Gender Equality in the New Spanish Sports Law
How many female athletes fail to receive the same recognition that their male counterparts enjoy? Is gender equality included in the new Spanish sports law?
Gender inequality isn’t hard to miss in sport; just look at how male and female athletes are treated and valued. In our post today, we want to take a closer look at the new Spanish Sports Law. One of its objectives is promoting gender equality in sports and international competitions.
What does the new Spanish Sports Law include?
At the beginning of February 2019, the Spanish Council of Ministers approved the draft for the New Sports Law. The new law will substitute its former, which started in 1990. The Council deemed the old Law antiquated, mainly due to their new perspective on gender inequality in sport.
The need to engrave the fight for gender equality in society is one of the Council’s biggest reasons for approving the new law. The increasing popularity and practice of women’s sports all around the world is yet another reason why the new law was necessary.
The main objective aims to fight against discrimination and promote equality for women. In its second article, the law specifically talks about the right to participate in physical activity and sports. In the draft, it reads [translated from Spanish]:
“[…] the General State Administration has guaranteed that the access citizens have to practice sports and physical activity is equal in conditions and opportunities”.
Furthermore, the new draft of the Spanish Sports Law aims to align with the international mandates of the United Nations in regard to human rights and fighting against any kind of discrimination in sport and society.
The new Spanish Sports Law: promoting equality for women
If you study the references to women’s equality in the new sports law, you’ll notice four key points that differentiate from the former 1990 law:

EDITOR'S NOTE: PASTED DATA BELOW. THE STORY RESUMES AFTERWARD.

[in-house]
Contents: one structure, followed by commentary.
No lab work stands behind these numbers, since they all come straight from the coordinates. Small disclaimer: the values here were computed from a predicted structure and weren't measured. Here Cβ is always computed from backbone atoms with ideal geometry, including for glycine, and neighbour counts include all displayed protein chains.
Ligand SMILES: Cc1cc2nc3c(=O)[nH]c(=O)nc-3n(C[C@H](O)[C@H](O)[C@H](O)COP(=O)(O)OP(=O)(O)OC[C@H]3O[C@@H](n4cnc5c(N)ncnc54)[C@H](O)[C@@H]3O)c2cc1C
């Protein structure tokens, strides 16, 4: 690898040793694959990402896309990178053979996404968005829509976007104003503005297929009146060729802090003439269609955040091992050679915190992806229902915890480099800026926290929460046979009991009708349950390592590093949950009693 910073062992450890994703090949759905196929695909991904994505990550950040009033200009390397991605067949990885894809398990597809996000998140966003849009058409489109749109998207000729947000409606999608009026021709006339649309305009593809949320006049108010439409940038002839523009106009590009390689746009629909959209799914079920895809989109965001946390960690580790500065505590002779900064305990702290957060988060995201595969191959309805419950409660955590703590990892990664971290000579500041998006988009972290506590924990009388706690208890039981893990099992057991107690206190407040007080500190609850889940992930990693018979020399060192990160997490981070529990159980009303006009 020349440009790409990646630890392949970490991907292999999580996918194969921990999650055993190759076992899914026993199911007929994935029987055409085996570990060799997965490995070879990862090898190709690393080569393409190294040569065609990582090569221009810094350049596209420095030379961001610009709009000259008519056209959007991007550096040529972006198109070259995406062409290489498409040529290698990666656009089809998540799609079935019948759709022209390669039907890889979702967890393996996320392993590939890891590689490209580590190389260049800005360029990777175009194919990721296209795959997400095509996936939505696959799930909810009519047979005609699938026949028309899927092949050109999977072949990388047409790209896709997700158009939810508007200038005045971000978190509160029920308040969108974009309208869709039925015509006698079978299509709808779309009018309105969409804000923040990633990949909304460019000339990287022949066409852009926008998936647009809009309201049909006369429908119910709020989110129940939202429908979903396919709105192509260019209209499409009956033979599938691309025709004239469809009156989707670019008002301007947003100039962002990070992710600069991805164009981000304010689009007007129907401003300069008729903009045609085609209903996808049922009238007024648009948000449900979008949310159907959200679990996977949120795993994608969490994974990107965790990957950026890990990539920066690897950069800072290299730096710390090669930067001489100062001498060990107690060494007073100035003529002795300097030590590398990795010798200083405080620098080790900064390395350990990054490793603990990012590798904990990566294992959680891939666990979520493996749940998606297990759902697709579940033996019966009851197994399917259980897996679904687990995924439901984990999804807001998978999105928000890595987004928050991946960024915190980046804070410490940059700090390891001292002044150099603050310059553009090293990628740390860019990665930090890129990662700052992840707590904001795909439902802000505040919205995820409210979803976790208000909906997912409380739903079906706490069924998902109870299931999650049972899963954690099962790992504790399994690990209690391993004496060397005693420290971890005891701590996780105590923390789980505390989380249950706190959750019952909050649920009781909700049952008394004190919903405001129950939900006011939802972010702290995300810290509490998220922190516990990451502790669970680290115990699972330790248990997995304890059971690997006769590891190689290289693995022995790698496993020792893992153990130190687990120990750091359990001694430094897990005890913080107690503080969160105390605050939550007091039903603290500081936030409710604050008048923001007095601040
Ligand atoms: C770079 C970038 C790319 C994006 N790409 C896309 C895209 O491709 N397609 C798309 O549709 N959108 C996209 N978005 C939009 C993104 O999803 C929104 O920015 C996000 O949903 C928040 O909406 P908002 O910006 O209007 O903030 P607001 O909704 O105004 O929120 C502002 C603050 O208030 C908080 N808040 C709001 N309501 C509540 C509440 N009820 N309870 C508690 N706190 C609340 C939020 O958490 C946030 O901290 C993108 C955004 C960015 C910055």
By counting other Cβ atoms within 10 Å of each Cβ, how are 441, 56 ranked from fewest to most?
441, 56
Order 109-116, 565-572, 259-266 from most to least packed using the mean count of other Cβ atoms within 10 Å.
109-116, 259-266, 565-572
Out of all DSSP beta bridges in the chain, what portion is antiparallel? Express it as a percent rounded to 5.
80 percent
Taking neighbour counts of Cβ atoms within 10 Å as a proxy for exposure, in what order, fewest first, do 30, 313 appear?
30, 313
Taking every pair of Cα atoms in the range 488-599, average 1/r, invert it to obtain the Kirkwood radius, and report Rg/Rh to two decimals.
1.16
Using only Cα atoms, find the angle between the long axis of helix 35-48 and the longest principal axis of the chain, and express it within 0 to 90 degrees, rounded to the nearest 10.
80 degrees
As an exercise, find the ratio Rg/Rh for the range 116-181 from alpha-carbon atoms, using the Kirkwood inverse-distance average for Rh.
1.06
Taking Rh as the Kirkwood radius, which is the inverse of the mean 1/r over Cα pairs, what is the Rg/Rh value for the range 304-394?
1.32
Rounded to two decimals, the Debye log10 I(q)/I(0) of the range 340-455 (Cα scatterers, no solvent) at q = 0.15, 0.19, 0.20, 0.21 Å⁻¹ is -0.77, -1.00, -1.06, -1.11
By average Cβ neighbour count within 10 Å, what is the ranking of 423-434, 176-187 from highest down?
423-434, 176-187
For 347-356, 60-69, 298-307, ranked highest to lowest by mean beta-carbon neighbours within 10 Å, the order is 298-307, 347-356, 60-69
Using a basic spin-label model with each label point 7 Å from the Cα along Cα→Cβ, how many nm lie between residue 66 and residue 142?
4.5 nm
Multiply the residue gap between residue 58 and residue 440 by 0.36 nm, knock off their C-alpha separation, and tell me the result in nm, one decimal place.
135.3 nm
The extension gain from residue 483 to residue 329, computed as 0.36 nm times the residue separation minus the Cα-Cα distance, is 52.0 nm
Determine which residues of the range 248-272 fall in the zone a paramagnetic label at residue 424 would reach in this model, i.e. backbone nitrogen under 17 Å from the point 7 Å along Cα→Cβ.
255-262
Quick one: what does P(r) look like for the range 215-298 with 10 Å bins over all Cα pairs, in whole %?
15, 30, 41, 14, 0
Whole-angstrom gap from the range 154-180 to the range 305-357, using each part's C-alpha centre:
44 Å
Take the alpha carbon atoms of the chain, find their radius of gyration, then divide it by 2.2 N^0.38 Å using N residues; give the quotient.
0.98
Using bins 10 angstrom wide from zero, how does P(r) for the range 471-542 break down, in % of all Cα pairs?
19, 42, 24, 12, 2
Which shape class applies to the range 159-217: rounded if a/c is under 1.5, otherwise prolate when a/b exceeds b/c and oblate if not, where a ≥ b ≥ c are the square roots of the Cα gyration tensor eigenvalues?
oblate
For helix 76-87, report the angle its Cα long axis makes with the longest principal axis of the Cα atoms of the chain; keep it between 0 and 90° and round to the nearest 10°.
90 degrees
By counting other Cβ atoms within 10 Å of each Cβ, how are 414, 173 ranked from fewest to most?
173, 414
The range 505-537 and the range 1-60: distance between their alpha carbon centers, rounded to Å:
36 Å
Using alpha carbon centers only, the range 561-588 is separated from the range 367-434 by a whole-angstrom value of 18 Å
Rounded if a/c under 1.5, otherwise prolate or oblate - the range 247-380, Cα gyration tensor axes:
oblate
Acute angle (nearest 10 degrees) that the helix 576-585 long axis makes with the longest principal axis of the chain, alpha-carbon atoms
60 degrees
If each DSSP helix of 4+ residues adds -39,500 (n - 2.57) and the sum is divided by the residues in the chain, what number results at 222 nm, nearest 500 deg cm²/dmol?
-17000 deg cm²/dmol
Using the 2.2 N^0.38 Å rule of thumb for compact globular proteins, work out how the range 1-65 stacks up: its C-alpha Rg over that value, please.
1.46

1. Equality in sport federations
According to the new law, women must hold at least 40 percent of the directive bodies behind sports federations. In addition, these institutions must create a Gender Equality Committee.
2. Economic equality and equal opportunities
The new law fights for gender equality by demanding equal access to sports grants. Under the new law, the grants must be distributed impartially, regardless of the gender of the receiver.
3. Maternity rights for female athletes
Athletes should have the same maternity rights that other Spanish citizens enjoy. During their maternity leave, athletes should reserve their right to vote and maintain their professional status.
4. Equality in prizes and payments
The new law also states that economic compensations that derive from public funds should be given equally to male and female athletes.
New public policies for Spanish sports law
The approved draft also anticipates the state’s cooperation to set the new law on track. The fourth article states [translated from Spanish]:
“[…] the General State Administration will develop, within its scope of action and in a coordinated effort with the rest of the public administrations. Public policies that guarantee equality in access and following development for physical activity and sport. This is in addition to the promotion of equal integration in the directive bodies, management and representation of the sport entities stipulated in this law, observing the previously stated laws in the Organic Law 3/2007 of March 22, for equality between women and men in the international norms and treaties ratified by the state”.
In other words, the promotion of gender equality in the new sports law must go hand in hand with public policies. Adding on, Spanish authorities must also create the means and establish effective ways to meet the demands of the new law.